Wildflowers bloom across Texas

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Texas wildflowers (Texas Highways/Don Allen)

By Julianne G. Crane

During this time of COVID-19 crisis, if you are a Snowbird needing to travel through several states to get home, check the Centers for Disease Control’s advice on ‘Coronavirus and Travel in the United States.’

If you are able to travel and your route home takes you through the Hill Country of Texas, one small upside during these challenging times is that now is the peak of spring wildflower season. With more than 5,000 species of native flowering plants, the Lone Star State is known for its breathtaking spring (now through June). Autumn wildflowers bloom September through November.

Gardens (Lady Bird Johnson Wildflower Center)

Lady Bird Johnson, a former First Lady and pioneering environmentalist, believed in the beauty and power of healthy landscapes to transform lives. The Lady Bird Johnson Wildflower Center, a research unit of the University of Texas at Austin. The Center is devoted to the preservation and use of native plants. During the COVID-19 crisis, the Center is scheduled to be closed now through May 1. Check the website for the most current information.

The “Wildflower Center’s 284 acres are a mix of cultivated gardens, an arboretum, managed natural areas and wildlands. The sustainable gardens display many of the 650 species of native plants growing throughout the Center.”

“Even in the poorest neighborhoods you can find a geranium in a coffee can, a window box set against the scaling side of a tenement, a border of roses struggling to live in a tiny patch of open ground. Where flowers bloom, so does hope.” — Lady Bird Johnson.

When you can go:

University of Texas Lady Bird Johnson Wildflower Center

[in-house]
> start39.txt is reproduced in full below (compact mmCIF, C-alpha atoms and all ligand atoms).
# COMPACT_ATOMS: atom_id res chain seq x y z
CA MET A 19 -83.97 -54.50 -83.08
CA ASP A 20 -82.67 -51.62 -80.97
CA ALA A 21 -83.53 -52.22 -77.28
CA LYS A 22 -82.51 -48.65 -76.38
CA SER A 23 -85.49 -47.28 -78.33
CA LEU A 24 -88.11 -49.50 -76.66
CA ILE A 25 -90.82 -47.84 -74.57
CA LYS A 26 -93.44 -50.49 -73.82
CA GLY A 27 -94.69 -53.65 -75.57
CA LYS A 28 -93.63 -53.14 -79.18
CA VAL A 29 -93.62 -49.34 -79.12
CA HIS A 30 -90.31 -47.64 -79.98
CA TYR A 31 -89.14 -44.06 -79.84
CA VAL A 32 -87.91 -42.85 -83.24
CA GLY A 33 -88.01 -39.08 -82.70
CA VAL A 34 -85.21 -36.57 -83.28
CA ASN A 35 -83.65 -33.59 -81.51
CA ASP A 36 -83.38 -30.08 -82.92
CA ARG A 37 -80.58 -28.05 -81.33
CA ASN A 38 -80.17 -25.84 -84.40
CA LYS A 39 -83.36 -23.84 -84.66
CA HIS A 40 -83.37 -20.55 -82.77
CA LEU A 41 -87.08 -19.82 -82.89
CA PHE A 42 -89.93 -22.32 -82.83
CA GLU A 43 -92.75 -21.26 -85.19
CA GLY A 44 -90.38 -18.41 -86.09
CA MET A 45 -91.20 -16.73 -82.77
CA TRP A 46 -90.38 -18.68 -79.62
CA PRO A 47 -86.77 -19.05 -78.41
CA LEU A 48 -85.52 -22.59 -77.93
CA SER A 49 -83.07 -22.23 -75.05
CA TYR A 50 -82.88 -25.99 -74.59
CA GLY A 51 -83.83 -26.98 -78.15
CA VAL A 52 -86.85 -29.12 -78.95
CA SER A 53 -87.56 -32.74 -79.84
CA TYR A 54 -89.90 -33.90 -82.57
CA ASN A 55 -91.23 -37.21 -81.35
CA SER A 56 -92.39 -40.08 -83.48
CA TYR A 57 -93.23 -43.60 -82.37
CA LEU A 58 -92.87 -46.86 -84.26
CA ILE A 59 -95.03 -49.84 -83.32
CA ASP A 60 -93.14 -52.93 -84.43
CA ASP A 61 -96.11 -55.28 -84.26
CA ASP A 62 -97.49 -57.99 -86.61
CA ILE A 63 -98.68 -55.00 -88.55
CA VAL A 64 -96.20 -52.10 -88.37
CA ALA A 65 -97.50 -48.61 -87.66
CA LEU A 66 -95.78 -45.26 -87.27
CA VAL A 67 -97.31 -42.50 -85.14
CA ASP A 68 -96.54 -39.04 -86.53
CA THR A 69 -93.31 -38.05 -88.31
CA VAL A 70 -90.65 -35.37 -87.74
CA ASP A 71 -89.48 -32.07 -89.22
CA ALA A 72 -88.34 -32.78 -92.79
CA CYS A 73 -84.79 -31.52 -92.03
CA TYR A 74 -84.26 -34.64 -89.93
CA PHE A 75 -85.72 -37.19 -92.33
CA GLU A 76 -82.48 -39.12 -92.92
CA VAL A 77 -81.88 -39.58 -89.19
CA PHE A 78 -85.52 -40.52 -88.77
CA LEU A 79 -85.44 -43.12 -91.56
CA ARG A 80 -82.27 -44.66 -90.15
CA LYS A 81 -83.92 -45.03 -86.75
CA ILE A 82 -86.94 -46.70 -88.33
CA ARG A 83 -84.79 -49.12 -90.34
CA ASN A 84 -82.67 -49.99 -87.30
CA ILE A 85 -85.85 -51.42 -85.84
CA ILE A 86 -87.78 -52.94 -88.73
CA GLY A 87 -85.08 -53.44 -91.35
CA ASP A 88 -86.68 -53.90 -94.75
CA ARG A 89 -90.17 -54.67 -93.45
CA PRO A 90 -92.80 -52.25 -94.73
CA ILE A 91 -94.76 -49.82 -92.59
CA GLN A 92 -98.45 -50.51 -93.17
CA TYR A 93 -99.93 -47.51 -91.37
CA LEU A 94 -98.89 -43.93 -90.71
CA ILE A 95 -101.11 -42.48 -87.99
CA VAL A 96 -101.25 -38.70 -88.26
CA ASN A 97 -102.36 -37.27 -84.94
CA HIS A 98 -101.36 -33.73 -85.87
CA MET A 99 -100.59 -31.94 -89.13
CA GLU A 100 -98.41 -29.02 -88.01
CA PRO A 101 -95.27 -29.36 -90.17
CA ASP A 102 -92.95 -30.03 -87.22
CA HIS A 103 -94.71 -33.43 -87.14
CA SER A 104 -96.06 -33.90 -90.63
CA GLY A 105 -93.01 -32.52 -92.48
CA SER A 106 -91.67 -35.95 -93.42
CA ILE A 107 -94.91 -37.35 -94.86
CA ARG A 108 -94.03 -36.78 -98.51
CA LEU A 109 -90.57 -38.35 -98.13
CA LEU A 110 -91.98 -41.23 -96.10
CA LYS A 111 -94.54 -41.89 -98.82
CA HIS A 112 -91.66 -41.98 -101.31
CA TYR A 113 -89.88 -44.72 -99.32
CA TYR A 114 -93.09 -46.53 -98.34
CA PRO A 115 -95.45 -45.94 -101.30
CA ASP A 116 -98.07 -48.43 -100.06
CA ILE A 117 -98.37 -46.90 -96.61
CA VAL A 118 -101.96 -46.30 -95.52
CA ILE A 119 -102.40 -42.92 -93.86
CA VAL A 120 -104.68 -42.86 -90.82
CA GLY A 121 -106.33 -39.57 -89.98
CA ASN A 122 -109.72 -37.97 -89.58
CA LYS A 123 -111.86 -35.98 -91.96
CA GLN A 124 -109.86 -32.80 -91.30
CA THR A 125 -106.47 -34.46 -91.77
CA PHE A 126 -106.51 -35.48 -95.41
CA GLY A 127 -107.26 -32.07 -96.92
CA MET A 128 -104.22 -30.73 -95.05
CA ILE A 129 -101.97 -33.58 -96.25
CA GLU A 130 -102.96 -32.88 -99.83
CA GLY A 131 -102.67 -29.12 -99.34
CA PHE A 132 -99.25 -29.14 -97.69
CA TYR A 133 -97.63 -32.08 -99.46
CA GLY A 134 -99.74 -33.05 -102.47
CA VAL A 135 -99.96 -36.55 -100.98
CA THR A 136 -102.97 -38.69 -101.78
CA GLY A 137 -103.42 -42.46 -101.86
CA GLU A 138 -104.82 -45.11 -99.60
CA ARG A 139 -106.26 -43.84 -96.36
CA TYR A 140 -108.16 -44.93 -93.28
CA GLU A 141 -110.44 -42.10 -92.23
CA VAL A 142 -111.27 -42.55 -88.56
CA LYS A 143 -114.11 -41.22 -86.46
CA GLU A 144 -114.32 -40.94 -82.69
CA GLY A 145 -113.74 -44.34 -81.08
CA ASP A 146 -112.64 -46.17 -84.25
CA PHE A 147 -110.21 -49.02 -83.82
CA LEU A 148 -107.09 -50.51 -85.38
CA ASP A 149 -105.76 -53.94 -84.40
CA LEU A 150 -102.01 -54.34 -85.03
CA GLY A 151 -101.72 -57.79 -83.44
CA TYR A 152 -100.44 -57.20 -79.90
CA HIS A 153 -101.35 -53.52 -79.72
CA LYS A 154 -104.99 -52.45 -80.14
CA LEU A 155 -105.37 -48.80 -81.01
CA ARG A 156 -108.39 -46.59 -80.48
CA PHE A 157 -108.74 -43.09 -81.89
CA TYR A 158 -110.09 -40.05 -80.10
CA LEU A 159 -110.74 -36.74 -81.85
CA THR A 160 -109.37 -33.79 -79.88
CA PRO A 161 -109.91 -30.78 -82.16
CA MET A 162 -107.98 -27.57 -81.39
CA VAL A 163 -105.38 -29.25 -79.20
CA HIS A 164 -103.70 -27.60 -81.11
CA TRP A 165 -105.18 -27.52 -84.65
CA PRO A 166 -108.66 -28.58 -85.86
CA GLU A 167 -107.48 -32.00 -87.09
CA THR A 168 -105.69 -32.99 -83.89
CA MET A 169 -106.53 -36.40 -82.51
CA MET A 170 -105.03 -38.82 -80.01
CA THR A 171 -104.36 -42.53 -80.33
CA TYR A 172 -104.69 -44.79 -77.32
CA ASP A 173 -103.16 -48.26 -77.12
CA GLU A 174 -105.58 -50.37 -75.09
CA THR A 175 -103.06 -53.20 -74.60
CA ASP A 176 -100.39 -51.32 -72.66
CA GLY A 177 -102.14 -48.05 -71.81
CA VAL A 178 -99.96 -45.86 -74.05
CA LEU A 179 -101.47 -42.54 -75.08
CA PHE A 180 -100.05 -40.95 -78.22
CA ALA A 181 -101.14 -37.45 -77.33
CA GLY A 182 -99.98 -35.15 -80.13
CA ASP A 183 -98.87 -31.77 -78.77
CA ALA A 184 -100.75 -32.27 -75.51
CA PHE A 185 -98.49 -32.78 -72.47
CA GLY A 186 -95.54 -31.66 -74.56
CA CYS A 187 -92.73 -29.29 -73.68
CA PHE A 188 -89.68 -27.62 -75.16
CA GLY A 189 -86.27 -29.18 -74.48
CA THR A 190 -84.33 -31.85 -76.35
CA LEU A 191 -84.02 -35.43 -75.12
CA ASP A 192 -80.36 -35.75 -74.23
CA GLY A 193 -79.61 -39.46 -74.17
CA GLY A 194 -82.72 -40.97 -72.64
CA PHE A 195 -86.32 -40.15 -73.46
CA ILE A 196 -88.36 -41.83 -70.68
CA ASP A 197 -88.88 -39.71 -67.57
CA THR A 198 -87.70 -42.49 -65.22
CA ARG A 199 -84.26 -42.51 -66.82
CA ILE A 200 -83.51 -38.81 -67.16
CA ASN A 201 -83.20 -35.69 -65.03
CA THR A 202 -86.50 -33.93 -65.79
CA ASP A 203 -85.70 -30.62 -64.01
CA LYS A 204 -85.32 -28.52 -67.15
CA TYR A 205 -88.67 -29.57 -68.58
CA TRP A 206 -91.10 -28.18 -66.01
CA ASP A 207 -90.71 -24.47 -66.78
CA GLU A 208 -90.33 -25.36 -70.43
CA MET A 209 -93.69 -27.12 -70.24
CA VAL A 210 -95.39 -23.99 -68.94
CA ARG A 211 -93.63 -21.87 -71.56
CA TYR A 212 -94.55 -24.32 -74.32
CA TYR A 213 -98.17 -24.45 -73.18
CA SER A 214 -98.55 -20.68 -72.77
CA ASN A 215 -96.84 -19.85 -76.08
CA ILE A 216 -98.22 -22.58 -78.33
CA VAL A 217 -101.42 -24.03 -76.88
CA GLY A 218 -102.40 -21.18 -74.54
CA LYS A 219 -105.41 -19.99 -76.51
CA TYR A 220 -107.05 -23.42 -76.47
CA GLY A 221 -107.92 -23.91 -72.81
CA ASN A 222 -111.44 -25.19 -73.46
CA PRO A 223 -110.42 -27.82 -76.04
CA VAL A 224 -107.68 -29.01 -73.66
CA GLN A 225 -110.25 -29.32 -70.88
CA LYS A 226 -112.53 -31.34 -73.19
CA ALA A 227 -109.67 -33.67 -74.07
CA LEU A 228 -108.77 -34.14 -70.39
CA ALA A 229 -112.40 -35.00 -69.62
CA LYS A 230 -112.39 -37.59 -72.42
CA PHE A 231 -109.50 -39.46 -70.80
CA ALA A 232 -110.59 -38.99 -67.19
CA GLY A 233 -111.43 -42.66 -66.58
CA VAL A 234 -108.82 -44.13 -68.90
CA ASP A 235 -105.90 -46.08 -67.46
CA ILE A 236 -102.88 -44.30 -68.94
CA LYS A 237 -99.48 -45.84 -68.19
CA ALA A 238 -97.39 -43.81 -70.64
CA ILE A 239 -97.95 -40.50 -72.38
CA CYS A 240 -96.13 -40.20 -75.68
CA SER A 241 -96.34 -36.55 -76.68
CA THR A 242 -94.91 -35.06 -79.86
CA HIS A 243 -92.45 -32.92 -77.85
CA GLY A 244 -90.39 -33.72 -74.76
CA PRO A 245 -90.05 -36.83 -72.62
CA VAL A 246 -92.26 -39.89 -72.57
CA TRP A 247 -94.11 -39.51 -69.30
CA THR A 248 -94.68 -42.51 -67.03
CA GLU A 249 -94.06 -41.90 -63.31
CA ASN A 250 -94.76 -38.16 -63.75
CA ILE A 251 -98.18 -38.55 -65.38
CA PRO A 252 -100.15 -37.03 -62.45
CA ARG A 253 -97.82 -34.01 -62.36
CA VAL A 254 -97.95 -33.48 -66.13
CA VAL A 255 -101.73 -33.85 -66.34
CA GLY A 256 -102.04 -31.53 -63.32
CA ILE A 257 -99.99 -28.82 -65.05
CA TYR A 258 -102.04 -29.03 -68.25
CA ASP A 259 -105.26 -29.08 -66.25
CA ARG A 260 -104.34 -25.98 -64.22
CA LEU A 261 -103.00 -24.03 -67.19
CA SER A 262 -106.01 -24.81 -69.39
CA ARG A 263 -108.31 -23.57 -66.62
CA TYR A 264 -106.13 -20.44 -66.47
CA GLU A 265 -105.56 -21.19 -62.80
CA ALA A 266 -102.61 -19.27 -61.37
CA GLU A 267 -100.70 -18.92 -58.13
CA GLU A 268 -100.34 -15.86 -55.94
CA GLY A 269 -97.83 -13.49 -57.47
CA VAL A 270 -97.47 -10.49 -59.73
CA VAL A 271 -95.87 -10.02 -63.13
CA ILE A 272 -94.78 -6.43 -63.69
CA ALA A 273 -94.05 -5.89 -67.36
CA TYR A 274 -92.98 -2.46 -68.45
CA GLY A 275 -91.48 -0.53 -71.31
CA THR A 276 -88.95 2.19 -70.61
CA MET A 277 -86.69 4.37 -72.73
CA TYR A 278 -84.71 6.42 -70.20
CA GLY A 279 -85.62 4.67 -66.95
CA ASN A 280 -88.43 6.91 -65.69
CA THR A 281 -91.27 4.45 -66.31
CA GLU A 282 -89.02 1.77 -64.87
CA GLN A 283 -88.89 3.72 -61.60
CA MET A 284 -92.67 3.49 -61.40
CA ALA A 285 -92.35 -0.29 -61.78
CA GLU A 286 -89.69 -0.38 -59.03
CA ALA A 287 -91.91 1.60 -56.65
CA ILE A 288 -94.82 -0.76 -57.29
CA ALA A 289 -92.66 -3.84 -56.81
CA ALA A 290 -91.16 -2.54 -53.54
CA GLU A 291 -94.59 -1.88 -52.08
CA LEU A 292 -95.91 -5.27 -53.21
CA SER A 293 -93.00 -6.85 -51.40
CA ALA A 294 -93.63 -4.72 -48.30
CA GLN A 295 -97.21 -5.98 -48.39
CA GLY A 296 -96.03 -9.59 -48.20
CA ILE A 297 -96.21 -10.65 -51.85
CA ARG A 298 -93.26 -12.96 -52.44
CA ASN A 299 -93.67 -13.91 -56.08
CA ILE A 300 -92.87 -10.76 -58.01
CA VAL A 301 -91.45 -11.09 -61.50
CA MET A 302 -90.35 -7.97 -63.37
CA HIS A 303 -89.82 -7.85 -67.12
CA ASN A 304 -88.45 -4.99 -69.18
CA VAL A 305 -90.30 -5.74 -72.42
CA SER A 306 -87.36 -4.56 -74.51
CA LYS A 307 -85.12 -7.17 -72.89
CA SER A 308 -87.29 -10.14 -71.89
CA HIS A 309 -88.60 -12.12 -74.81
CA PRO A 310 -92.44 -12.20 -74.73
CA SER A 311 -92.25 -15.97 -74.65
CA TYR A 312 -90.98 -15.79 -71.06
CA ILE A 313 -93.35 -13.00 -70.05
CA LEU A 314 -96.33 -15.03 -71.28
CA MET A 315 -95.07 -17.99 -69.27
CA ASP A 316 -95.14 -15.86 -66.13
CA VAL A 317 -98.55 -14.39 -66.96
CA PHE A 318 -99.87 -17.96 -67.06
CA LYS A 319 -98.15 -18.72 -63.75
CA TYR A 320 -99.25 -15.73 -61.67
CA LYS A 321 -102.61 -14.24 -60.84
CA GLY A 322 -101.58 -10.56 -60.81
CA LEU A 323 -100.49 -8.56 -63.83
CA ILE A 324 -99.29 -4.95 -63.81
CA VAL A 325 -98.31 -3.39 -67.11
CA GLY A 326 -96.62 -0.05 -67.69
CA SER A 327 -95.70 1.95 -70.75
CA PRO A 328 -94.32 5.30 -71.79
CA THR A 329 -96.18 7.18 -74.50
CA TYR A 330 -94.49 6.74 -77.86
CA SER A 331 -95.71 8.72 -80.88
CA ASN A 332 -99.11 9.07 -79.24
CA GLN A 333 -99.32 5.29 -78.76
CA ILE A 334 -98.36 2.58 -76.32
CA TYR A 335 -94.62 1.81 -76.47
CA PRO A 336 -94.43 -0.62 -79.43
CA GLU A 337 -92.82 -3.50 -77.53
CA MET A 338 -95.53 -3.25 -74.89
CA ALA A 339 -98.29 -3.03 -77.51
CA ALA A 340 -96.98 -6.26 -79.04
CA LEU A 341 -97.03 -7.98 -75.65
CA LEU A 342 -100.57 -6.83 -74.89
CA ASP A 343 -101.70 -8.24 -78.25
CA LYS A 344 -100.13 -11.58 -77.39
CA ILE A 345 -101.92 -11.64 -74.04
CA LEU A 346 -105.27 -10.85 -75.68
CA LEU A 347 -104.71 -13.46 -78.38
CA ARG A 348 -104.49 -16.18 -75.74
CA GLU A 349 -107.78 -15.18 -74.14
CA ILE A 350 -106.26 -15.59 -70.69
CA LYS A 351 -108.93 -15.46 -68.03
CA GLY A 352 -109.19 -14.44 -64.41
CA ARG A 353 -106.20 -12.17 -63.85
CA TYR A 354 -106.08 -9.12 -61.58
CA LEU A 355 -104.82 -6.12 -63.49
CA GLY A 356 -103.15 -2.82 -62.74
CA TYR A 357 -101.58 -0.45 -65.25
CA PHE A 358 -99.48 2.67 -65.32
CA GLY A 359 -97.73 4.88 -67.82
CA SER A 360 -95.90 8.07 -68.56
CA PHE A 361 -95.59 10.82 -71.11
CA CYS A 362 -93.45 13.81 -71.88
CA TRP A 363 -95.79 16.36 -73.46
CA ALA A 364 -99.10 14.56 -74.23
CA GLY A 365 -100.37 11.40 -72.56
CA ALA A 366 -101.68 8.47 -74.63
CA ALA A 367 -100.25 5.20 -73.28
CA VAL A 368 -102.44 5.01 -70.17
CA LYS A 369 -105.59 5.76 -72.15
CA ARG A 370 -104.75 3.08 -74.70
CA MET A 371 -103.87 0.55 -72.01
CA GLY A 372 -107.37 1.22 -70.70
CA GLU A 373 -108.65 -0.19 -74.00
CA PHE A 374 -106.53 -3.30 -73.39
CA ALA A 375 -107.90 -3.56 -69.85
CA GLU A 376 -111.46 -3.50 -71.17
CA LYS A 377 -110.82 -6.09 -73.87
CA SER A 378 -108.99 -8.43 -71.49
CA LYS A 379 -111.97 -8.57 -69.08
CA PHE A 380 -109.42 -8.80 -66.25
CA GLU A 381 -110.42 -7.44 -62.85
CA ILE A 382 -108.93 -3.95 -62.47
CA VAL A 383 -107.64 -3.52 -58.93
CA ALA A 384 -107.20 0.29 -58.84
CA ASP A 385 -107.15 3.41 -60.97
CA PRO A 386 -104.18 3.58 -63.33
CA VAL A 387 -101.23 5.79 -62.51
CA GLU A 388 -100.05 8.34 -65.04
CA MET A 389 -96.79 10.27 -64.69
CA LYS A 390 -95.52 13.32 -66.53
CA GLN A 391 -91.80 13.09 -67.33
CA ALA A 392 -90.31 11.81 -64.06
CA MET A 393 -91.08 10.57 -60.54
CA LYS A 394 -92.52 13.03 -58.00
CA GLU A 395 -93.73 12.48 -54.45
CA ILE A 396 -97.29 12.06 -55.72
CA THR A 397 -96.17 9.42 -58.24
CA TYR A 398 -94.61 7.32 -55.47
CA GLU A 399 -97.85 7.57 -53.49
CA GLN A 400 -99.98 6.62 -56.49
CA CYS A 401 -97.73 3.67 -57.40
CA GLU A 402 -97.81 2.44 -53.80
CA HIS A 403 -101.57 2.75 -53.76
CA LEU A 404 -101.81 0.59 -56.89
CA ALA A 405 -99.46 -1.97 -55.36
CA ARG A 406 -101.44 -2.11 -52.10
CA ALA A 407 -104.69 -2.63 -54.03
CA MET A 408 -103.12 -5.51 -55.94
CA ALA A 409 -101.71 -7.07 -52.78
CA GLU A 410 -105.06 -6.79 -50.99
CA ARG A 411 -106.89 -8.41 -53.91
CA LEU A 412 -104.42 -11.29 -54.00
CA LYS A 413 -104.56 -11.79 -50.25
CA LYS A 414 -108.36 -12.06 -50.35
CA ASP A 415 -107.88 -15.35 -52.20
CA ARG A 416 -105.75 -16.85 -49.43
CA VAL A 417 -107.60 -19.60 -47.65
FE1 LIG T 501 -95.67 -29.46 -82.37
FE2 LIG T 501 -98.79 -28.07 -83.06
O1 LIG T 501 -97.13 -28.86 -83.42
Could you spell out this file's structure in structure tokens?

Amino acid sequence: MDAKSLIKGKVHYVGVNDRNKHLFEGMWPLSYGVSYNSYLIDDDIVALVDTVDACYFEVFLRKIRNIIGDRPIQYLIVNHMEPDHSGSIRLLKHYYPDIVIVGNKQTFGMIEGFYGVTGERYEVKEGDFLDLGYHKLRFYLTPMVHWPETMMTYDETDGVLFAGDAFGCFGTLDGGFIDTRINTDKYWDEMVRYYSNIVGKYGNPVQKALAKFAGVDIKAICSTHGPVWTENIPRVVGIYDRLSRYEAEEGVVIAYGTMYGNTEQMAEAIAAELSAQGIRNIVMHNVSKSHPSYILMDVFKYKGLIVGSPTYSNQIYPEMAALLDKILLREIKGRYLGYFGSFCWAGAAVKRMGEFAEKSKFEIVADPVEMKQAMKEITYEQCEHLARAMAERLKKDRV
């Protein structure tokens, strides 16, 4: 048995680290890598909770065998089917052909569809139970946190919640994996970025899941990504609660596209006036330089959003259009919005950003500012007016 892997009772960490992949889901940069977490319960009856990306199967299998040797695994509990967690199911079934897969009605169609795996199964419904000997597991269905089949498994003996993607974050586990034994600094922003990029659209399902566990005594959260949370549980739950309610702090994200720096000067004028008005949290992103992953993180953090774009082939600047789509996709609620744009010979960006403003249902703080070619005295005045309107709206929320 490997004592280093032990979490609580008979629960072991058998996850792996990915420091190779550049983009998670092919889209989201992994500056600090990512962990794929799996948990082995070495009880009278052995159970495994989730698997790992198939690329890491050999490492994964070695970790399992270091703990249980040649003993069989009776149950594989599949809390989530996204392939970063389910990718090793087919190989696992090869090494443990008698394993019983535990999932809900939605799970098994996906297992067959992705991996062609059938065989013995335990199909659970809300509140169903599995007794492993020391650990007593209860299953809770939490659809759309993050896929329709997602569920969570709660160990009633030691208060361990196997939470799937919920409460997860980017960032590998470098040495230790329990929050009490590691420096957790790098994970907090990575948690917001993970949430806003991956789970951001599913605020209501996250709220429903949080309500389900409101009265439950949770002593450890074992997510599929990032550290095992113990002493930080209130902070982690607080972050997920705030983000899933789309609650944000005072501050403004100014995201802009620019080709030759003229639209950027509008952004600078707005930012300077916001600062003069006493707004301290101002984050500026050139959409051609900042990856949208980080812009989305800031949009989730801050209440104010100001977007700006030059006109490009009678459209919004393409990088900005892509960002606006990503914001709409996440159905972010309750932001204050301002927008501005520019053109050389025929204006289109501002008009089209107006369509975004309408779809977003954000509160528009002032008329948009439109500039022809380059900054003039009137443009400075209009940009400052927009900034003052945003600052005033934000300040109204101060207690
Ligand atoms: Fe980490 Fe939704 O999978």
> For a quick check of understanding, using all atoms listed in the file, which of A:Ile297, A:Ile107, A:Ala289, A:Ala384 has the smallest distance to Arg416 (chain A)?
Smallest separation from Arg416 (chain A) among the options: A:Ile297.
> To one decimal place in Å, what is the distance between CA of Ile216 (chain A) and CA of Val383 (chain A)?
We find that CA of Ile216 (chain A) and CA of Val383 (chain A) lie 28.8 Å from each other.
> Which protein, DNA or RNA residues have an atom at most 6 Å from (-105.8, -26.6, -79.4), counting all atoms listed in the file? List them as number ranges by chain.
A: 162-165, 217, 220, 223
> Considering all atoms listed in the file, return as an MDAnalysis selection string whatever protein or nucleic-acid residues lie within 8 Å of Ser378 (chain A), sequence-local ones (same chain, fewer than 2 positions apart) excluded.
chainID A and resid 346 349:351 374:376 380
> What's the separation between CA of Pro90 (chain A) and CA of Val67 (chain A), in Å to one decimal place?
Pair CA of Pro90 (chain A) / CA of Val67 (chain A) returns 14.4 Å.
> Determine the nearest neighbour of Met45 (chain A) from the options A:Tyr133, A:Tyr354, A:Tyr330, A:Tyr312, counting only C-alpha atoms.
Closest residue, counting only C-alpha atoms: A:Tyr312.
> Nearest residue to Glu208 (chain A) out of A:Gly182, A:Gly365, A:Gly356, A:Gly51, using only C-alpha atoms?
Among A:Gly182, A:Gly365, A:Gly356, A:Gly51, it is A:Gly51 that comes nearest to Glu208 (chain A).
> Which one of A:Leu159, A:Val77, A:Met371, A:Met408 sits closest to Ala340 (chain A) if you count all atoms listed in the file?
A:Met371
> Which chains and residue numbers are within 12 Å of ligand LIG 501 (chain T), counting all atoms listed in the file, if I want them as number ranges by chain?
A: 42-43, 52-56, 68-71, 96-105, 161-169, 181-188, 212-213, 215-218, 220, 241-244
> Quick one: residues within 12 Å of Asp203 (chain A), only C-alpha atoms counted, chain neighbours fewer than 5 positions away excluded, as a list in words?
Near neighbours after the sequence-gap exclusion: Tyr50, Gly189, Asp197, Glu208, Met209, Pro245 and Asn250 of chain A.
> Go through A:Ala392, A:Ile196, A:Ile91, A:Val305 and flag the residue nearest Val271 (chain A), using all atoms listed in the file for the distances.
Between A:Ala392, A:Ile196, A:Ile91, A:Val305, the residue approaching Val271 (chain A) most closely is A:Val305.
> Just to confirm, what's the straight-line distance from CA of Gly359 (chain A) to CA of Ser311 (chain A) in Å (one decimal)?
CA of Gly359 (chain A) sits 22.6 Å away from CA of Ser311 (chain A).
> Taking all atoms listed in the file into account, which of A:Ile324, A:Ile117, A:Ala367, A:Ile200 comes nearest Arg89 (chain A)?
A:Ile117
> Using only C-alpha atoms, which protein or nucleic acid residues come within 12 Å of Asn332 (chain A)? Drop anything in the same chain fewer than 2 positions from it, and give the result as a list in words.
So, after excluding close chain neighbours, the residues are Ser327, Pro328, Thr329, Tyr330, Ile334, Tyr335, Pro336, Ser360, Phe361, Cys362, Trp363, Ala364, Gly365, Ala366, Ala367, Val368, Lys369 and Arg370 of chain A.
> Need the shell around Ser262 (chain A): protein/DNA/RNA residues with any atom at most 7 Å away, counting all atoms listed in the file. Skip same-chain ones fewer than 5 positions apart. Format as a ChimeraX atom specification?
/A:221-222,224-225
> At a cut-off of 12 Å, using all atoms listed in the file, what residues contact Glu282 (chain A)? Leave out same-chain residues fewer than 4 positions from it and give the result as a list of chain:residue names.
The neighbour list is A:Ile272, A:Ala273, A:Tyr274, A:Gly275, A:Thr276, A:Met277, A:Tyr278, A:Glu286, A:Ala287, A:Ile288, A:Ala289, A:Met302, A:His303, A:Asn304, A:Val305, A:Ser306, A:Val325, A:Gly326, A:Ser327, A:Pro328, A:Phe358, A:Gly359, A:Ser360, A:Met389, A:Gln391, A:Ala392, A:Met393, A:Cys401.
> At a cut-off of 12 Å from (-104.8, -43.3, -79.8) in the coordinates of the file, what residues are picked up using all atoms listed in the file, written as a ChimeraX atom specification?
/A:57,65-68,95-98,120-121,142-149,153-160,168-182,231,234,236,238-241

4801 La Crosse Ave., Austin, TX 78739
512.232.0100
When Open Hours are Daily: 9 a.m. – 5 p.m.
Admission: Adults – $12, $10 Seniors (65+), Youth – $6
Wildflower Café is open daily from 9 a.m. – 4 p.m.

Bluebonnets (FredericksburgTexasOnline)

Additional resources

Four scenic drives around the Hill Country and Fredericksburg that will take your breath away.”

Texas Highways magazine and online site are incredible resources on “Everything you need to know about Texas Wildflower Season.”

Julianne G. Crane,

Read more of Julianne’s RV Short Stops posts here.
To read more RV lifestyle articles go to RVWheelLife.com

##RVT942

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Bob Nettleton
6 months ago

This is not the time to stop and smell the flowers!

Edward Sodano
6 months ago

just a note: all of Presidio, Brewster and Pecos counties are closed in Texas. No hotels/motels/restaurants (fast food drive thru’s are open). These normally sparsely people locations are seemingly dead: no traffic on the roads, no people on the streets in the towns. scary.

Bill
6 months ago

This makes me a little sad. We had planned and booked a trip from our home in New Mexico to the Texas Hill Country starting in about 10 days. First NM closed all our state parks voiding the reservations we’d made. Next two of the main attractions we were planning to see, Pedernales Falls SP, and Hamilton Pool closed. We were going to stay at a few COE locations along the way. Closed. Sigh. Maybe next year.

Abe Loughin
6 months ago

We recently (last Sunday) traveled across Texas, from Midland in West Texas to Texarkana, and saw many wildflowers. I will agree it was a bit of a pick me up. The wife and I talked about the ones we didn’t recognize and marveled at the size of some of the Blue Bonnet patches. I’ll say it was the highlight of our 1900 mile trip to Pennsylvania